One of America's most beloved early commercial pilots, Ed Musick was born in St. Louis, Missouri in 1894 and moved to California with his family when he was 9 years old. His lifelong obsession with planes and flying began with a trip to the Dominguez air races during his second year of high school. At age 19, before finishing school, he enrolled in a commercial flying course to become an aviation instructor and pilot. During World War I, Musick served as a civlian instructor in the Army Air Corps in San Diego, Wichita Falls and Miami. After the war, he worked as a pilot for various airlines until his appointment to the position of chief pilot for Juan Trippe's Pan American Airways Caribbean division.
Musick was licensed to fly any type of plane, and he was given every opportunity to prove this in his position as Pan American's premier pilot. During his work for the airline, Musick set ten world records including making the inaugural flight to the Pacific aboard the China Clipper flying boat. The China Clipper's momentous flight cemented Musick's place as a modern day hero.
Although his Pacific journey from California to Manila on the China Clipper was perhaps his most famous flight, he was also legendary for breaking the isolation of the remote Pacific island of New Zealand. Flying the Samoan Clipper from San Francisco to New Zealand, Musick received an unprecedented welcome when thirty thousand New Zealander's turned out to greet him. A man of notoriously few words, Musick addressed the wildly cheering crowd by saying only “We are glad to be here."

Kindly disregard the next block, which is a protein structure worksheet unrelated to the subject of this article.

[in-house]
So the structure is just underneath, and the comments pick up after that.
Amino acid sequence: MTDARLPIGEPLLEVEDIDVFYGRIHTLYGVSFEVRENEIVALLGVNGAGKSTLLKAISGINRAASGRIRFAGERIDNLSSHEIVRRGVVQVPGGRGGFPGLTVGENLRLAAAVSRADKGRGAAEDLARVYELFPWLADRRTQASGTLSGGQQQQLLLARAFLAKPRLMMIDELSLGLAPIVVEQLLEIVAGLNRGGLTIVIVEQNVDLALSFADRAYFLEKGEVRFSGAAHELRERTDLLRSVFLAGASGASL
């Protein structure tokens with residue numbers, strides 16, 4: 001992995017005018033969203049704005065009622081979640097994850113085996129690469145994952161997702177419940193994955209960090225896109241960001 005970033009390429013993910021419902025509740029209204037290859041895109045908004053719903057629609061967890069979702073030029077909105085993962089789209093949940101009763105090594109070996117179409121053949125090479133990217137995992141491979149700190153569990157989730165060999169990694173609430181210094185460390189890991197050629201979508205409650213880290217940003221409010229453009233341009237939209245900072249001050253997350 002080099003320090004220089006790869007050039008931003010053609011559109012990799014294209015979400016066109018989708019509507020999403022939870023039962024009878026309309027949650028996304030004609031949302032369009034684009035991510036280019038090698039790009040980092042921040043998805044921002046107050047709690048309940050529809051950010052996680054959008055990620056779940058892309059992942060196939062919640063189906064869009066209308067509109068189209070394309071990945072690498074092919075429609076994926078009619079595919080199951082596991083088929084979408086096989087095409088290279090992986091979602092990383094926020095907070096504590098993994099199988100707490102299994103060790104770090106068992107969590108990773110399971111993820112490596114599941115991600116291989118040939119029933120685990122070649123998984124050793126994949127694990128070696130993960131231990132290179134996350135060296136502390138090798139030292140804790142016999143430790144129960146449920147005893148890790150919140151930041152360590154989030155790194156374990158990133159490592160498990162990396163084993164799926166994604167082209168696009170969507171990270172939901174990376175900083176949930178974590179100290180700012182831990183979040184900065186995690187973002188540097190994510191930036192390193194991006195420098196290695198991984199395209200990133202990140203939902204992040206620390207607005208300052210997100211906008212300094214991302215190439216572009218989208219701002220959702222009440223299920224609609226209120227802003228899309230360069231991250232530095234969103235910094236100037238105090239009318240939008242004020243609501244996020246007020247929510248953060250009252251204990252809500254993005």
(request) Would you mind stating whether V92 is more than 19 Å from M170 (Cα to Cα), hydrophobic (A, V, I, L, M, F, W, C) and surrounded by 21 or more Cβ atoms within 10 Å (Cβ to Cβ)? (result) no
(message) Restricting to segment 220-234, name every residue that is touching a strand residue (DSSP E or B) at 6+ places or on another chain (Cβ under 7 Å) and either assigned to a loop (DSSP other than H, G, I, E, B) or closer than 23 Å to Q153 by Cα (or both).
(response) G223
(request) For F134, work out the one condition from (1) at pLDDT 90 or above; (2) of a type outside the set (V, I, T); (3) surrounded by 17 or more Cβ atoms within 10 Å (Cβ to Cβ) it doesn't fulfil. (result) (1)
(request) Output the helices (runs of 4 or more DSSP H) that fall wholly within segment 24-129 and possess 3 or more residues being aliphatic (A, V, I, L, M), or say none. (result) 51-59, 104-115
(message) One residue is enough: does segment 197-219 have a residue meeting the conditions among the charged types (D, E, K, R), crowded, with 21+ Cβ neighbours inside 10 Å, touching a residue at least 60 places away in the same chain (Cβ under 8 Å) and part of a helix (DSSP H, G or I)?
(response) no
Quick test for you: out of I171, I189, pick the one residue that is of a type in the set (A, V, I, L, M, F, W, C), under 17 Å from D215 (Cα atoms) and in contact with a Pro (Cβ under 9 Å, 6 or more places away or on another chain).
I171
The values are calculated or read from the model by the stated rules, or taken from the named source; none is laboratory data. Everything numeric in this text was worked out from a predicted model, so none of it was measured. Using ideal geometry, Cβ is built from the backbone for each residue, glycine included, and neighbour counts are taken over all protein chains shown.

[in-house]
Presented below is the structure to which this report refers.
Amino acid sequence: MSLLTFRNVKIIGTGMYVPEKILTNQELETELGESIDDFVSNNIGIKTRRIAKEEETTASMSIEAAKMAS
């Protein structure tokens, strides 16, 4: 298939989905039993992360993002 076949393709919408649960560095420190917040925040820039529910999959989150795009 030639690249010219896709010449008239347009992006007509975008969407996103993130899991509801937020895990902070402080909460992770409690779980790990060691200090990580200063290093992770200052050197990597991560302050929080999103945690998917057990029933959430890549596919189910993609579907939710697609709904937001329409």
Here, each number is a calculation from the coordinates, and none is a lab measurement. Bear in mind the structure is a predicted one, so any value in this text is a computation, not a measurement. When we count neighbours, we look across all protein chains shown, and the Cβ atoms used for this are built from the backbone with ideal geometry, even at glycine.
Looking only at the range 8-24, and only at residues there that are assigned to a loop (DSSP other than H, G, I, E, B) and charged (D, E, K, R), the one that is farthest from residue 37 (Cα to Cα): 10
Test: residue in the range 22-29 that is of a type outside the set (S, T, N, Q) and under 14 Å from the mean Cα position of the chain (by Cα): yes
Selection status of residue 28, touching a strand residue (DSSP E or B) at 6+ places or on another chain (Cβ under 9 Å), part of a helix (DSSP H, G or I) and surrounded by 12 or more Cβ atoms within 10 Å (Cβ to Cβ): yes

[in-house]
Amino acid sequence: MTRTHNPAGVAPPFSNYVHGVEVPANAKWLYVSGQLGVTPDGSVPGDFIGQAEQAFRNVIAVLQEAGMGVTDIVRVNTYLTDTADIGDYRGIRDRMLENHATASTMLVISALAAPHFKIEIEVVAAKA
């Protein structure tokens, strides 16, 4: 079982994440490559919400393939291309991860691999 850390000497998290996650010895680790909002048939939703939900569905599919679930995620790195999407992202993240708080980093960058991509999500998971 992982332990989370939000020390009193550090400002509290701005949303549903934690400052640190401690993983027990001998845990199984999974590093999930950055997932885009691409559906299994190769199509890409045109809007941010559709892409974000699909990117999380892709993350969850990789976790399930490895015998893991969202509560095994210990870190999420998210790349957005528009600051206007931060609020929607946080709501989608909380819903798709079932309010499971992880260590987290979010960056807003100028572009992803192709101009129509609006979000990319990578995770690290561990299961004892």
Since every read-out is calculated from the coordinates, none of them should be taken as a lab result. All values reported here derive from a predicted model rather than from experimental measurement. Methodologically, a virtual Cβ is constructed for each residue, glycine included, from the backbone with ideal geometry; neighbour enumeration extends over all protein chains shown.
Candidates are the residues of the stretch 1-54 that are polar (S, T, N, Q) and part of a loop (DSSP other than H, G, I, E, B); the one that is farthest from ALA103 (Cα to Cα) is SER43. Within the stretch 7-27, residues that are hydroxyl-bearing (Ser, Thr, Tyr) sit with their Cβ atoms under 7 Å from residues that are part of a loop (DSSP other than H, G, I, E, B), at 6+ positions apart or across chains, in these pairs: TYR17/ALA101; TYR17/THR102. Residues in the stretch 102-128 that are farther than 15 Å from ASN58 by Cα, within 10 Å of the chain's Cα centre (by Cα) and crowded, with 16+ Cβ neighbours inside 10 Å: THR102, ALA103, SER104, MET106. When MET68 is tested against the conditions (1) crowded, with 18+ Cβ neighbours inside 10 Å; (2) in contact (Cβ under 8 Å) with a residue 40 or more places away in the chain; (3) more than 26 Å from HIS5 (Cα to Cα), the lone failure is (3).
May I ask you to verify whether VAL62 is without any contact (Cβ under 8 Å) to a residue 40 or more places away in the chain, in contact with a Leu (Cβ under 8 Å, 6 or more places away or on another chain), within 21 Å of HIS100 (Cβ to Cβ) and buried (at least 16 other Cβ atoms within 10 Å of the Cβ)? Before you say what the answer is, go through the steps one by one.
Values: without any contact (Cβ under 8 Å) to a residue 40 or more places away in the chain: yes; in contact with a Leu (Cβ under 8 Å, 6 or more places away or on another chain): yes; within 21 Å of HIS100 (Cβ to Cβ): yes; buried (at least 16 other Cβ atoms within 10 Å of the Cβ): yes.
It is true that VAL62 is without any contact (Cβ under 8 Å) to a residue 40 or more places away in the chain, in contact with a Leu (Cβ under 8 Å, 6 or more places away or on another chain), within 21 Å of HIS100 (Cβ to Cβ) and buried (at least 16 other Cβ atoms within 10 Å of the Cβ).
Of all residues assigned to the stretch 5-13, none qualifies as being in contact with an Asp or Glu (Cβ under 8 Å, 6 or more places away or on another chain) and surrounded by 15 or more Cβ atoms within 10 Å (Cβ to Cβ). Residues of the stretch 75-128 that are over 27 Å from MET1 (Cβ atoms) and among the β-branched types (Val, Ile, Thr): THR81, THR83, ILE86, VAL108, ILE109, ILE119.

Pan American's decision to fly to New Zealand was the result of strained relations between Pan American Airways and Great Britain and her colonies. While Trippe's Pan American Airways dominated the skies on routes throughout North and South American and the Pacific Islands, they were unable to come to an agreement to fly to Britain and her colonies. Britain would not allow Pan American to land on British soil before their Imperial Airways could reciprocate. After waiting for years for a shared Atlantic route agreement with Imperial, Trippe decided to look into his other options worldwide. On March 11, 1937, New Zealand broke rank with Australia and Britain to allow Pan American to fly there and Pan American quickly sent Musick on yet another historical journey.
Despite a career as a meticulous and focused pilot, Musick was not indestructible. On January 11, 1938, Musick took off from Pago Pago piloting the Samoan Clipper to begin a survey flight and soon after the flight began, he reported an oil leak in engine number 4. In an attempt to assure a safe landing, he made the fateful decision to dump fuel in order to lighten the plane. The decision proved disastrous when fuel vapors collected in the wing structure causing the plane to explode in mid-air. The US Navy ship Avocet recovered the scattered remains of the clipper that evening.
At the time of his death, Musick was unquestionably the world's most famous pilot. His face graced the cover of TIME Magazine and he was awarded the Harmon Trophy for his work. Musick's accident ended his life at the height of his career and he was greatly mourned. His illustrious career has earned him a place of honor in the annals of early commercial aviation. -Pan American World Airways
Captain Ed Musick on Midway Atoll
>Searching for the Samoan Clipper: Story of the July 15-20th undersea hunt off American Samoa for Pan Am's S-42B piloted by Ed Musick in 1938, by Russ Matthews, President & Co-Founder of Air/Sea Heritage Foundation